MAMEM – Use the Computer using your Eyes & Mind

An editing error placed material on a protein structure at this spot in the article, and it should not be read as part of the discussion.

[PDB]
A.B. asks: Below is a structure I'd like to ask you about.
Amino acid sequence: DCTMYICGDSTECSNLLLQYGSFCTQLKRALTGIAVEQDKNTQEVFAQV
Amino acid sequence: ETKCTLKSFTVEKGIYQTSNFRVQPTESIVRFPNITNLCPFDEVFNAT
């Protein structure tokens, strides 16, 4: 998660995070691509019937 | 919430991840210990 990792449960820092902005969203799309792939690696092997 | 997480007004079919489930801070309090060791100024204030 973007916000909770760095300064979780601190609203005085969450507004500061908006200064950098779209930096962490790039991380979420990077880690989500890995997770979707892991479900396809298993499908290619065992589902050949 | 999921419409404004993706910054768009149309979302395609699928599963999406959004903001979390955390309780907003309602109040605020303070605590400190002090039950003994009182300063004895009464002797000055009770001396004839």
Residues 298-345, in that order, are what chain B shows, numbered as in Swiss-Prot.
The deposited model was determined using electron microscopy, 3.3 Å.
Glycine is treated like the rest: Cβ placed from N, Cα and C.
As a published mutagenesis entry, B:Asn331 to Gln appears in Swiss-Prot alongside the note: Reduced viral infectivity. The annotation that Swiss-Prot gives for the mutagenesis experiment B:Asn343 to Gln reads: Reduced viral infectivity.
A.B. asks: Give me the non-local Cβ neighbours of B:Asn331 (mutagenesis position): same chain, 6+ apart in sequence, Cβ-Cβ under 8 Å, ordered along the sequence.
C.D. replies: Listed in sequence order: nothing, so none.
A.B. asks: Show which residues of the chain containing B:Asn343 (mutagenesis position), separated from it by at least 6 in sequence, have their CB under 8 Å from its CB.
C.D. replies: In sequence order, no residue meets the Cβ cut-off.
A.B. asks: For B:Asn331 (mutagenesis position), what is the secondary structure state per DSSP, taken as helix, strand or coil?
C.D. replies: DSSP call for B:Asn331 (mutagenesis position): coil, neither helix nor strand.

Loss of the voluntary muscular control while preserving cognitive functions is a common symptom of neuromuscular diseases leading to a variety of functional deficits, including the ability to operate conventional interfaces like mouse, keyboard, or touchscreens. As a result, the affected individuals are marginalized and unable to keep up with the rest of the society in a digitized world. The MAMEM project develops novel interfaces that can be controlled through eye movement and mental commands, using eye tracking and EEG devices. More specifically, we have implemented the GazeTheWeb Browser, a custom made browser that builds upon the Chromium framework and substitutes basic browser functionalities with interaction elements that can be operated through eye-gaze, EEG and GSR signals. Moreover, it enables dynamic modification on the way a web page content is displayed to the user, augmenting it to be operated through the eyes. GazeTheWeb has the capability of augmenting many different kinds of websites, performing browsing, photo editing, social media sharing, messaging, or multimedia reproduction. Furthermore GazeTheWeb has been coupled with ‘Lab Streaming Layer’ that is able not to only simultaneously collect the signals coming from the eye tracker, the EEG recorder and the GSR device, but also synchronize them with the events that are taking place in the computer screen of the user. In combining the different modalities under a paradigm of multimodal interaction, the EEG and GSR signals were primarily used to compensate for the shortcomings of the eye tracker, either by using brain waves to switch between reading and navigation mode, or to perform automatic error correction in a gaze-based keyboard. To introduce a novel assistive device into the everyday life of our end users, we have used persuasion strategies for engagement. More specifically, we have gamified the process of training the end users on operating our system, breaking it down into levels of varying difficulty so as to accommodate both for users without prior experience and users who have used assistive technologies in the past. Users could only proceed to the next level after they had acquired a certain skill, which was ensured by prompting them to redo a level until they reached a sufficient score, based on completion time and failures. Further gamification elements were integrated in the training experience of our users, including trophies, a way to recognize player accomplishments within a social group. Scoreboards, comparing performance against previous runs. Leaderboards, comparing performance between players and assignments, short-term objectives shaping the gameplay narrative. In phase I of MAMEM trials our goal was to have our end user testing the developed algorithms and interfaces. Three cohorts of Parkinson disease, Neuromuscular disorder and Spinal Cord injury were put to the task, consisting of 6 patients and 6 able-bodied subjects that were matched in terms of gender and age, executing an experimental protocol of approximately 5 to 8 hours. The first part of the experimental process was for the user to learn how to use the GazeTheWeb browser using only the eyes. This part was gamified according to persuasive design principles, making the experience enjoyable for our subjects. In the second part of the process, the user was asked to perform two EEG related exercises by wearing the EEG cap. Initially the user was tasked with typing some phrases from the GazeTheWeb keyboard using the eyes. The EEG cap logged the brain waves emitted when a typing error was performed, so that the system could deploy auto correction measures based on the detection of brain signals stimulated by the error, the so called ‘Error Related Potentials’. The second EEG-related exercise was intended to train the end-users in regulating their ability to issue mental commands, for switching between the reading and navigation mode of GazeTheWeb. More specifically, the users were asked to move the left or right hand in the form of a fist clench using both real and imaginary movements, while a bar was used to provide feedback about the actual result of the mental command. In the third part of the process, the subjects were asked to perform a number of ordinary tasks, such as sending an email, editing a picture, tweeting a message and playing a video on YouTube. In undertaking these tasks, the conventional web pages were dynamically enhanced through GazeTheWeb to facilitate smooth interaction with the user’s eyes. During the execution of these tasks the EEG and GSR sensors were operational capturing the generated signals for future analysis. The last part of the process, consisted of repeating the EEG-related exercises using a lightweight version of the EEG and eye tracking sensors, simulating the conditions of home use. Throughout the whole process the subjects answered a number of questions asking them to assess the effectiveness of persuasion strategies, the system usability and user satisfaction, as well as the commercialization potential of our system. Overall the whole experiment process went smoothly, as participants from various demographics were intrigued by the GazeTheWeb browser and how its use tackle with interface obstacles they encounter in their daily lives. They were also positively surprised on how easily they could perform social media actions through ordinary web applications that were enhanced by GazeTheWeb and they showed a remarkable interest and eagerness to take part in the EEG-related exercises.

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